FIG. 2 illustrates a typical coil construction on a plasma accelerator. The cross-sectional view in FIG. 2A shows the coil to be made up of 10 turns of 12000/46 Litz wire 8 with nylon tube core 3. The coil is made by winding the Litz wire in place and imbedding it in an epoxy or polystyrene resin 10 with cloth overlay on all four surfaces 12 of the coil. A braided construction Litz wire is preferred as it produces a slightly higher Q than spiraled construction. Terminal compression fittings 14 act as electrical terminals and water connections. As stated above, the limiting factor with regard to heat dissipation is the wall thickness of the nylon tube 3 which inherently has a low thermal conductivity. The tube 3, of course, is necessary for structural support of the spiral or braided constructed Litz wire and is additionally important when winding the coil as the wire would collapse without a minimum internal support.
Applicant has discovered that the nylon tube can be removed after the Litz wire 8 has been formed into the coil. This is accomplished by dissolving the tube 3 with a solvent and extracting the dissolved material in solution. One appropriate solvent is a strong aqueous phenol solution, e.g., 30 percent. The coil is heated to 200°F and maintained at this temperature while the solution is pumped through the Litz wire 8 via the terminal compression fittings 14. The purpose in maintaining the coil at 200°F is to prevent any dissolved nylon from precipitating out and plugging the tube 3 as the solution is cooled during its passage through the coil winding. A constant flow is maintained and completion of dissolution of the tube 3 can be determined by sampling the discharge solution, cooling it, and observing any precipitate. FIG. 3 illustrates a cross section of Litz wire with the tube 3 removed.
It is important in dissolving the nylon tube 3 to choose a solution which will only dissolve the nylon tube 3 and not the varnish insulation on the fine magnet wires. Equally important, the dissolving solution should not attack any copper exposed by statistical voids in the insulation, as this will result in lowering the Q of the coil.
After the tube 3 is removed, the Litz wire 8 and coil are structurally sound and there is no danger of the Litz wire 8 collapsing as it is imbedded in resin 10. If a proper cooling fluid is pumped through the resulting unobstructed channel, the coil can be operated with five times the previous maximum current capacity. The choice of a cooling fluid is restricted to a fluid which will not lower the Q of the coil if absorbed by the resin 10.
The current carrying capacity of 12000/46 Litz wire is increased to 50 ma per circular mill of cable as compared to 10 ma with cooling through the nylon tube. The following table illustrates the current capacity of the Litz wire with the nylon tube 3 in place and with the tube removed. For example, at 135°F with the tube in place, the d.c. current capacity through the coil is 330 amps and with the tube 3 removed and maintaining the same temperature, the coil has a capacity of 1040 amps. Since at the design frequency such coils can have a ratio of AC to DC resistance of about 1.1 the DC test is an adequate representation of power handling ability.
______________________________________CURRENT CAPACITY AND RESISTANCE V. TEMPERATURE12000/46 LITZ WIRE200 PSI TAP WATER AS A COOLANTWith Nylon Tube 3 in PlaceD. C.Amps Milliohms/ft. T°F______________________________________144 .467 75240 .440 100330 .466 135440 .560 205560 .790 490Nylon Tube 3 RemovedD. C.Amps Milliohms/ft. T°F______________________________________ 95 .388 48 302 .396 54 532 .411 70 739 .415 901040 .446 1331600 .575 250______________________________________
Another example of a method of constructing a coil made out of Litz wire without a center core is to utilize Litz wire with a thermally shrinkable center core. The coil would be wound and imbedded in resin as described above. The coil and the Litz wire with the thermally shrinkable core are heated to a temperature sufficient to contract the center core such that it can be removed mechanically. The shrinkable core is chosen with a temperature range between the curing temperature of the resin and the maximum service temperature.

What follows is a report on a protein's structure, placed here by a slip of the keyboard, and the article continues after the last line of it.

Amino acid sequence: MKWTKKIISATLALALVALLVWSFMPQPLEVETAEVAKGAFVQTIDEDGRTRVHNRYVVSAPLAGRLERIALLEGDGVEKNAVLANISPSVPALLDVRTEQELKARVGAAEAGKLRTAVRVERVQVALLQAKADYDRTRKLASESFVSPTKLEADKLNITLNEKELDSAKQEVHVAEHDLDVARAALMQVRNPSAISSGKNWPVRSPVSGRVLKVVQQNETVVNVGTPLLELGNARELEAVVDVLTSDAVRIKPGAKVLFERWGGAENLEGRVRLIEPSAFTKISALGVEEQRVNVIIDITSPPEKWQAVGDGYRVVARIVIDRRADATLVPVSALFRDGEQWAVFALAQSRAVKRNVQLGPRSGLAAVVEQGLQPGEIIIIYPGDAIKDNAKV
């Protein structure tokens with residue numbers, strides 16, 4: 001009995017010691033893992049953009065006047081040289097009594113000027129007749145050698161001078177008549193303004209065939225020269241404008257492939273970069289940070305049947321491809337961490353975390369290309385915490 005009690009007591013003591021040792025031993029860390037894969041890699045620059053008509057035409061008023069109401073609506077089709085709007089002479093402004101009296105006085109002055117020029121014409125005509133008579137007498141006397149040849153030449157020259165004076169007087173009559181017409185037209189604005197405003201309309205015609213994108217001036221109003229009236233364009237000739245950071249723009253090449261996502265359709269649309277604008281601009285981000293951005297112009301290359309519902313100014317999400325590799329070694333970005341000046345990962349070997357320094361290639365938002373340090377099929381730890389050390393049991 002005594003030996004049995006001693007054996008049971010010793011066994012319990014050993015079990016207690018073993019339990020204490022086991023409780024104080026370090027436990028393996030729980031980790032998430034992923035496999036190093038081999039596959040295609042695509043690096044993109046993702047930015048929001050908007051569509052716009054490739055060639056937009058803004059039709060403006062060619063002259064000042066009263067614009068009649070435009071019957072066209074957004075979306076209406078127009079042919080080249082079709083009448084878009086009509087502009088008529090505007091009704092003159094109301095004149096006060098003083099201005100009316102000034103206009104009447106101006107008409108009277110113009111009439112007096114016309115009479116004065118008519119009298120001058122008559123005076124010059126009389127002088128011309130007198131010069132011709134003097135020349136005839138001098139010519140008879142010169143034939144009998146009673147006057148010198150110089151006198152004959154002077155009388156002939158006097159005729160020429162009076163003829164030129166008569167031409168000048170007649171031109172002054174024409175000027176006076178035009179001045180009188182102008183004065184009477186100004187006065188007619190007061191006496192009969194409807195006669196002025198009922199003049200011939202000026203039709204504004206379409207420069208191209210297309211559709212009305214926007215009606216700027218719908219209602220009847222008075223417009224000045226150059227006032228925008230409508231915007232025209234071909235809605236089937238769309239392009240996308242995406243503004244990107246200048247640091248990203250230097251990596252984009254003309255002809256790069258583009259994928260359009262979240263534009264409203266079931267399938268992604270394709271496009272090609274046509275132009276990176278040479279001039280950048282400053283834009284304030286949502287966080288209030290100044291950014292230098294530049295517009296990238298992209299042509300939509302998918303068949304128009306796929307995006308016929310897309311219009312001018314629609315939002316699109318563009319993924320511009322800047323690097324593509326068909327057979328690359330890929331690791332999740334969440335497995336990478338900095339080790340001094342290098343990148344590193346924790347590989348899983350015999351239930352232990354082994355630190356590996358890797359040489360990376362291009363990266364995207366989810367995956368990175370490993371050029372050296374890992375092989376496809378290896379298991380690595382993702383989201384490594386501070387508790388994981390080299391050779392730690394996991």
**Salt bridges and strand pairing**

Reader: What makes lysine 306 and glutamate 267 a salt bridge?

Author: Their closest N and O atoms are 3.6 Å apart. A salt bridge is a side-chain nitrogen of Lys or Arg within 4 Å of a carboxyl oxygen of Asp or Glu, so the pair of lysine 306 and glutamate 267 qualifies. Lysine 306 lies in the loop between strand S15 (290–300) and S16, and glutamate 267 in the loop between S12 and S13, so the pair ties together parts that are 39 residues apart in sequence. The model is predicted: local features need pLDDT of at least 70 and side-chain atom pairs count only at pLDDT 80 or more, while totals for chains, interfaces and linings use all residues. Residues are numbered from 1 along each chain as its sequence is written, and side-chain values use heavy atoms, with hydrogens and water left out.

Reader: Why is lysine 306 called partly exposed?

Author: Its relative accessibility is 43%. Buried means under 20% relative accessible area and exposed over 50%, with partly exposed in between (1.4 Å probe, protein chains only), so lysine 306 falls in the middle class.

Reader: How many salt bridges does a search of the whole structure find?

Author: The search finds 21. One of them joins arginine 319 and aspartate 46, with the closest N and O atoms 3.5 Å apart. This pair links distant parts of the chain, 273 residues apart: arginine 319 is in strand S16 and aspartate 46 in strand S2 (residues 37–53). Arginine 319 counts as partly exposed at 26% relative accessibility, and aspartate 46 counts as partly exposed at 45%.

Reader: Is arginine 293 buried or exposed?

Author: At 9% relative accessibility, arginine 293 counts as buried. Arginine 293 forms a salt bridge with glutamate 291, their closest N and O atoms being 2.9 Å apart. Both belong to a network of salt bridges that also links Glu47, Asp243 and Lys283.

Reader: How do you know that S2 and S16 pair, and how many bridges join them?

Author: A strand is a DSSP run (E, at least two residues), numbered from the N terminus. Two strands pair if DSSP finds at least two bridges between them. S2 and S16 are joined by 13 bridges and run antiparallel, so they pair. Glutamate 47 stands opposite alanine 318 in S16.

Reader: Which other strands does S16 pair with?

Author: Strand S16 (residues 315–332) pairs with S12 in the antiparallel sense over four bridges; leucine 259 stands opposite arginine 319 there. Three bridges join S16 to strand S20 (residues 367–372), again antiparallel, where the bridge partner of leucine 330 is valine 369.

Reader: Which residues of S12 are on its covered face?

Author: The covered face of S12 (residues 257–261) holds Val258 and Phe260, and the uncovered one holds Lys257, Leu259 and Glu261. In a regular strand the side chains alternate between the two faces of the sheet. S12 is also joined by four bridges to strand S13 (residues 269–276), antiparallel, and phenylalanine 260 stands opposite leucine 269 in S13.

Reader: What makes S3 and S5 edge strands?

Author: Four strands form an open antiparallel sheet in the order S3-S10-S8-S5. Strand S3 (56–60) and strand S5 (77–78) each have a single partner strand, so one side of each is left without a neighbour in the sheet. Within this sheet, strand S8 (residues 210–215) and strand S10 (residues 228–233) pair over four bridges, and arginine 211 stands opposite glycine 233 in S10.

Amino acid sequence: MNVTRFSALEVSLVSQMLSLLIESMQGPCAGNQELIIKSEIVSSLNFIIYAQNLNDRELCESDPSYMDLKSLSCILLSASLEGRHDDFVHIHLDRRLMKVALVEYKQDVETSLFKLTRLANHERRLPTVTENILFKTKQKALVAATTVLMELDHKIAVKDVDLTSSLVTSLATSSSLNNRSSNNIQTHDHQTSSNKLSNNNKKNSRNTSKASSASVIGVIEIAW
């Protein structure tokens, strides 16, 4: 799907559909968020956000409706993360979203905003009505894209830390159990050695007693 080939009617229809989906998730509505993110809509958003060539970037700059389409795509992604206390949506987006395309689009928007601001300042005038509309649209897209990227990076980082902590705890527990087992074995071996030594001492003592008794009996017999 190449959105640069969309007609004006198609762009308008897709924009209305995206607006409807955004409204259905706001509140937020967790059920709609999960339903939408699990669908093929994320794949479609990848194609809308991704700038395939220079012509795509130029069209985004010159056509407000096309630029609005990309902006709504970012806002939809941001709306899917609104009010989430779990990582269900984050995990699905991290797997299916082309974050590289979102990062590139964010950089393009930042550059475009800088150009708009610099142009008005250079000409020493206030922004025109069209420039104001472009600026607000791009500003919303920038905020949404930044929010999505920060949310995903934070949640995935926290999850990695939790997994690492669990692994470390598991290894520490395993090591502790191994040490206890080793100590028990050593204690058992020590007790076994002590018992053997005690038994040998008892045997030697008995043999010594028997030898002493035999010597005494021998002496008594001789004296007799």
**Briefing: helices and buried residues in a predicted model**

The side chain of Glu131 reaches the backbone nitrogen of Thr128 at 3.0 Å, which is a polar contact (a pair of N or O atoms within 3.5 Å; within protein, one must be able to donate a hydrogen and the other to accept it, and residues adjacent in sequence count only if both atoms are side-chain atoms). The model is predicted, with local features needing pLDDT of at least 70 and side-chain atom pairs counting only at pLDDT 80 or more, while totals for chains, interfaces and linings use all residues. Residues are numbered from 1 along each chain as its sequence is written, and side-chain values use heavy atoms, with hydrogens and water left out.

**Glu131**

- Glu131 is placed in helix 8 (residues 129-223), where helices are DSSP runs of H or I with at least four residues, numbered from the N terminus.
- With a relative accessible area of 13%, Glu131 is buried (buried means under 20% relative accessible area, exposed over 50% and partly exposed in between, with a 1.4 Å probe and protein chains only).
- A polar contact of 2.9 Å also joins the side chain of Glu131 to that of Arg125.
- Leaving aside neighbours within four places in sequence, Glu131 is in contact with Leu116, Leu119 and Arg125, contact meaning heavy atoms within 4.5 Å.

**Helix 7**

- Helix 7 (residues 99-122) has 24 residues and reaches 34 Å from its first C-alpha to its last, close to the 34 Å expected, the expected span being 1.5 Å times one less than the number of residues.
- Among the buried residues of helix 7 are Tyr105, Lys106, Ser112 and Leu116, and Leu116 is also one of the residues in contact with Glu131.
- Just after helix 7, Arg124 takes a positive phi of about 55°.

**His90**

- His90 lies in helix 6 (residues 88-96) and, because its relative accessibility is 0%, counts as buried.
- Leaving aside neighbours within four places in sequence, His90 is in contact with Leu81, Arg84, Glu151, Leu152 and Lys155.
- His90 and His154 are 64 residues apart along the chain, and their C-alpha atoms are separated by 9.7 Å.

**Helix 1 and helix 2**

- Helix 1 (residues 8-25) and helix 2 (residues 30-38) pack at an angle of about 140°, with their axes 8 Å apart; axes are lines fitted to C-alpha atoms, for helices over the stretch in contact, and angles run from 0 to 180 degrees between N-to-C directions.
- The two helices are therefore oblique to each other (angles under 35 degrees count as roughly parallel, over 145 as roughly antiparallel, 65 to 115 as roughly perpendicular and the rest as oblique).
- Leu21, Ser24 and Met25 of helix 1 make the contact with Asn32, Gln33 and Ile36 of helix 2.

A further example would be to utilize a Litz wire with a copper tube center core. This center tube core can be etched out with a ferric chloride solution similar to methods used in the printed circuit industry. However, the ferric chloride tends to attack the fine copper magnet wires in the Litz wire which are exposed in places due to statistical voids. This lowers the Q substantially, and the low-loss feature of such coils is correspondingly lost. If, however, the copper tube core was coated with an extremely thin coat of plastic insulation in the construction process in making the Litz wire, this problem is overcome and the low thermal conductivity of such a thin coating is an insignificant limitation on heat dissipation.
As is previously noted, the nylon tube 3, as best shown in FIG. 1A has a length-to-diameter ratio (l/d) that is quite large in any Litz wire of interest. The l/d in the coil of FIG. 2, for example is 1600; is typically the l/d is at least 1000 and certainly nothing less than an l/d of at least 50 is reasonable. In this circumstance, the nylon, once it starts to dissolve, must be kept flowing, or it will block the inner aperture in the Litz wire. As also previously noted, once the nylon core 3 has been removed, the Litz wire would collapse in the absence of measure to prevent this occurrence. In the coil of FIG. 2, the necessary structural support to prevent collapse of the Litz wire is furnished by the epoxy or polystyrene resin. If the conductor 1 is needed in the form of an elongate, flexible element, as shown in FIGS. 1A and 2A, the needed structural stability can be supplied by a covering 7 of silicone rubber (e.g., GE RTV-11 or Dow Corning RTV602) which impregnates the wire to produce a flexible but structurally sound cable. It will be appreciated that the spiraled Litz wire turns of the continuous spiral from the inside to the outside of the conductor, so that the structural stability can be applied to the outer surface.
One further point is of consequence. The compression fittings 14 can be a brass or copper tube compression fitting that serves both as an electrical terminal and as a hydraulic connector. A basic problem here is that the 12,000 strands of No. 46 wire have a large surface perimeter 5 feet for the 12000/46 coil discussed) so that the increase in resistance and heating at the current concentration is quite great. Thus, the particular connector is important.
Modifications of the invention herein described will occur to persons skilled in the art and all such modifications are considered to be within the spirit and scope of the invention as defined by the appended claims.
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|U.S. Classification||336/62, 174/114.00R, 336/205, 174/15.6, 29/605, 219/677, 264/317|
|International Classification||H01F30/08, H01F27/10, H01F17/00|
|Cooperative Classification||Y10T29/49071, H01F30/08, H01F17/00, H01F27/10|
|European Classification||H01F27/10, H01F17/00, H01F30/08|